Remembering correctly is useful in our daily life. We bring more benefit, however, by remembering the Dharma teachings correctly. We may feel overwhelmed by everything we are supposed to remember, but classic texts assure us that we are not alone in facing these obstacles. These teachings passed down over the centuries help us today in understanding how to prepare our minds. Buddhist commentaries are full of lists of behavior to adopt or avoid. Often we may skip over such lists, thinking that they are rather boring. Instead, if we take the time to reflect on lists like these, then we can develop self-awareness and avoid our own stumbling blocks. We can begin to use these helpful lists as signposts along the Buddhist path that keep us on course.
In this excerpt from Khenpo Gyaltsen’s A Lamp Illuminating the Path to Liberation, we present two of these classic lists. The first list points out potential errors in remembering. The second list, the fourfold perception, is a metaphor for approaching Dharma study. By adopting this attitude toward our listening, reflection, and meditation, we will find our pathway proceeds with fewer obstacles.
First, Khenpo reminds us about remembering correctly. As we listen to teachings, we can keep these potential mistakes in mind. Then we set our intention to listen to or read the Dharma with laser-like focus. We can take time to realize that remembering is an active pursuit. But we may spend much of our life passively consuming entertainment. These days, we seem to spend so much time watching videos and movies and listening to music and podcasts. We talk or text or video chat to our family and friends non-stop. But how many of us are truly engaged in remembering what we hear? Can we honestly evaluate our memory skills?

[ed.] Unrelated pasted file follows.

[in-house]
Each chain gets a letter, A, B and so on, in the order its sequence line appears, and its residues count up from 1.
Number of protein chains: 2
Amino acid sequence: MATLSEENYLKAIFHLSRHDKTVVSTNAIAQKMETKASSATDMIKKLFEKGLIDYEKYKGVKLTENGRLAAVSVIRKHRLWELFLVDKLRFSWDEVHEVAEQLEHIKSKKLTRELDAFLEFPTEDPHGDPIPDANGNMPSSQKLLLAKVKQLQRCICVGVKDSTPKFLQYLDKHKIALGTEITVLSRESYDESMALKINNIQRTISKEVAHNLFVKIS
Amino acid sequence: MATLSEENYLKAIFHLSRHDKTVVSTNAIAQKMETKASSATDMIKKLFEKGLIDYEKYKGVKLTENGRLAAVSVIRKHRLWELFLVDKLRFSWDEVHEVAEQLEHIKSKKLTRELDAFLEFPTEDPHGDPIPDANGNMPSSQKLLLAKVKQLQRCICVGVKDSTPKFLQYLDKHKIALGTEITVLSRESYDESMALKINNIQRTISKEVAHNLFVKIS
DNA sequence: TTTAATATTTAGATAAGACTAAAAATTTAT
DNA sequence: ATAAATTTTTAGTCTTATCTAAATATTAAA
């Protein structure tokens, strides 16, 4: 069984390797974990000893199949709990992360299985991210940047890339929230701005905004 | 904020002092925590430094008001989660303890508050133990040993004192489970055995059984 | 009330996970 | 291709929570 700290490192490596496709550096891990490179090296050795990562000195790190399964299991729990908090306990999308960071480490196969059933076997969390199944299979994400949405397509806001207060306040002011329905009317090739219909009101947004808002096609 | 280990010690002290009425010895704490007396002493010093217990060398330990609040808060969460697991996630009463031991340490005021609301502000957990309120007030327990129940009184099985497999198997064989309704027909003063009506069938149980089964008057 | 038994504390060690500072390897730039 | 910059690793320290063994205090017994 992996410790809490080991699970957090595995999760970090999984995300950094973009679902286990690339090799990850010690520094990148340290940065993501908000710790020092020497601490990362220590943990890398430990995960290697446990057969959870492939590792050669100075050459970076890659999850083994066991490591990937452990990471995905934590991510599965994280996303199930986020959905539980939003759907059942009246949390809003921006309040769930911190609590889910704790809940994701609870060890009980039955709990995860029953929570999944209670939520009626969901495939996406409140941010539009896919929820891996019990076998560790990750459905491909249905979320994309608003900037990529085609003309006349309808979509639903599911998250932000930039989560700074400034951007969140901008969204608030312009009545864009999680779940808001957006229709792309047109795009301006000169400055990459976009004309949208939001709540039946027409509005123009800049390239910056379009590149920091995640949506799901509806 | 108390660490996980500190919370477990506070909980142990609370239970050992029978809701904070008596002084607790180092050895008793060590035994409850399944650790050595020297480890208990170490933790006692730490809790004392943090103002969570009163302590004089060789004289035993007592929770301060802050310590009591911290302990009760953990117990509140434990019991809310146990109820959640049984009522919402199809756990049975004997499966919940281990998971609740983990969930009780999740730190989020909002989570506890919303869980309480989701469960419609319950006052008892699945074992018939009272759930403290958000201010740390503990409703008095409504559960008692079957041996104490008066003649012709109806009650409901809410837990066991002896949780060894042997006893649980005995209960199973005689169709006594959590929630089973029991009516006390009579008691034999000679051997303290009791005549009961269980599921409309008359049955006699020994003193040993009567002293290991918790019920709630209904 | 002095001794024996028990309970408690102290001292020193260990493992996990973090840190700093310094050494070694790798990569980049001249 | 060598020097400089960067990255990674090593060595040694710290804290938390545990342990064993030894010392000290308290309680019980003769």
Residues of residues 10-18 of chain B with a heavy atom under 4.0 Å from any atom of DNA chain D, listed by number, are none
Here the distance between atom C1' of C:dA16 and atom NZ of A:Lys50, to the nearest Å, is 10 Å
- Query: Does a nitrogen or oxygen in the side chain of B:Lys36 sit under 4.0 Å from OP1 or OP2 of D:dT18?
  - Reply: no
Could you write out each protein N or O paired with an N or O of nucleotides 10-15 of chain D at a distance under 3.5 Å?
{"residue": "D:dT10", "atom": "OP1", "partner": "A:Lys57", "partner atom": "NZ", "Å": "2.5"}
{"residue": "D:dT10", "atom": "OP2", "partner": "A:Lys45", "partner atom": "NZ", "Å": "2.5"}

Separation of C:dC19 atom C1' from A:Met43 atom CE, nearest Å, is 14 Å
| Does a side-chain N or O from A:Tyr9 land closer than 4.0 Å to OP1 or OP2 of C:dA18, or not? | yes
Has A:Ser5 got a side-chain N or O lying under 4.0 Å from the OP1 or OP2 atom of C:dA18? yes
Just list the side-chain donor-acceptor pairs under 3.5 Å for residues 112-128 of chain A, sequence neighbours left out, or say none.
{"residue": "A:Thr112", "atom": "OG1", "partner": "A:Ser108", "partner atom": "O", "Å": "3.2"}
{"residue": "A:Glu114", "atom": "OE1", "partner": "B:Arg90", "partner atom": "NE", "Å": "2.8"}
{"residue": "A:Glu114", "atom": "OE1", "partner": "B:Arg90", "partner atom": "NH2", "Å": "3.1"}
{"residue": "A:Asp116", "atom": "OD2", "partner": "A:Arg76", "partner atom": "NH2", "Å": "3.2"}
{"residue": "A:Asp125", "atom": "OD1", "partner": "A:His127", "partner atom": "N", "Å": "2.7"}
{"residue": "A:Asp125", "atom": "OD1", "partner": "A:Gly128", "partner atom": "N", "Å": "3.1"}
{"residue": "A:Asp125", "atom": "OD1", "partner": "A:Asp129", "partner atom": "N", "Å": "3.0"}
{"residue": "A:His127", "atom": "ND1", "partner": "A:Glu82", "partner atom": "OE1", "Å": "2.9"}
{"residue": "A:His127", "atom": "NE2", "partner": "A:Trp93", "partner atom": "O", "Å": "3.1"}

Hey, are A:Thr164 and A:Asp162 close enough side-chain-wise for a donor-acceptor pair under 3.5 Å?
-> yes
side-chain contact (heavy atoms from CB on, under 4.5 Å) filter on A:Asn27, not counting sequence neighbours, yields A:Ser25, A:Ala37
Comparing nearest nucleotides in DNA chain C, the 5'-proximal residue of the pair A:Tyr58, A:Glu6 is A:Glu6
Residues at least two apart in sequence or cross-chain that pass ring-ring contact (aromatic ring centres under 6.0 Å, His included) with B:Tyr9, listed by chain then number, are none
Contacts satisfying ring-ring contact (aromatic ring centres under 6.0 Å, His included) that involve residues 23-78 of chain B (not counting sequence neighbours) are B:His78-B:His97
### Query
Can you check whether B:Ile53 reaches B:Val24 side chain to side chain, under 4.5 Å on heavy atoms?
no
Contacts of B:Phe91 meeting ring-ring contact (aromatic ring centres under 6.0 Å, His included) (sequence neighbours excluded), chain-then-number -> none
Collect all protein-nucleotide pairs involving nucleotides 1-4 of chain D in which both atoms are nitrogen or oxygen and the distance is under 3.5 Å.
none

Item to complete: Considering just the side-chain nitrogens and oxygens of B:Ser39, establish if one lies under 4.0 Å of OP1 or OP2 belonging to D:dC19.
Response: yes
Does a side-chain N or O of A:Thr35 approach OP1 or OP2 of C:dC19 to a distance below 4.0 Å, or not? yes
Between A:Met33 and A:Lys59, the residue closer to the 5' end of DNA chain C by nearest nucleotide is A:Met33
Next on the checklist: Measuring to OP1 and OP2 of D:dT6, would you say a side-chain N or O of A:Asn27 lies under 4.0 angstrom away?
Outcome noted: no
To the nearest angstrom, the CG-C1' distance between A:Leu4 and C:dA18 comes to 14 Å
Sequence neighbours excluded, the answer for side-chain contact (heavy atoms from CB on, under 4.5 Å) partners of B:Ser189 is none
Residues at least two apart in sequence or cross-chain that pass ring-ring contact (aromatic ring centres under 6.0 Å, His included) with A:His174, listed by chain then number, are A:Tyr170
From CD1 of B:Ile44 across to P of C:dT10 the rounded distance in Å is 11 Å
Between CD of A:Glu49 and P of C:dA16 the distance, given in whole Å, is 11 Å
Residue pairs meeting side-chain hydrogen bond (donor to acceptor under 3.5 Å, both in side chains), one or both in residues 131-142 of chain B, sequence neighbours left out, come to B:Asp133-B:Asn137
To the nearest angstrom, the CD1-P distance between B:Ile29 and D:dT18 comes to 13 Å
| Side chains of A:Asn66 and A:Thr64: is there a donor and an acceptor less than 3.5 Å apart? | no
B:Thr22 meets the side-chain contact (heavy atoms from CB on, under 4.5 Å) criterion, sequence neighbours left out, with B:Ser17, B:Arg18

The five wrong ways of remembering
Khenpo Gyaltsen helpfully cites a traditional teaching on on five mistakes that are common. We take this excerpt from A Lamp Illuminating the Path to Liberation.
The five wrong ways of remembering are as follows:
1. To remember the words but forget the meaning;
2. To remember the meaning but forget the words;
3. To remember both but with no understanding;
4. To remember them out of order; and
5. To remember them incorrectly.
Having abandoned these fourteen faults of the vessel (including the three defects of the vessel and the six stains of the listener), you should then listen with the fourfold perception as taught in The Sutra Arranged Like a Tree.
The fourfold perception is as follows:
1. To think of yourself as sick;
2. To think of the dharma as medicine;
3. To think of the virtuous spiritual friend as a skilled doctor; and
4. To think of the ardent application of the dharma as the healing process.
With this fourfold perception, you should listen to the dharma.
A Lamp Illuminating the Path to Liberation: An Explanation of Essential Topics for Dharma Students by Khenpo Gyaltsen (translated by Lhasey Lotsawa Translations, Nepal: 2014, p. 14-15. For more information, please visit https://lhaseylotsawa.org/books/a-lamp-illuminating-the-path-to-liberation.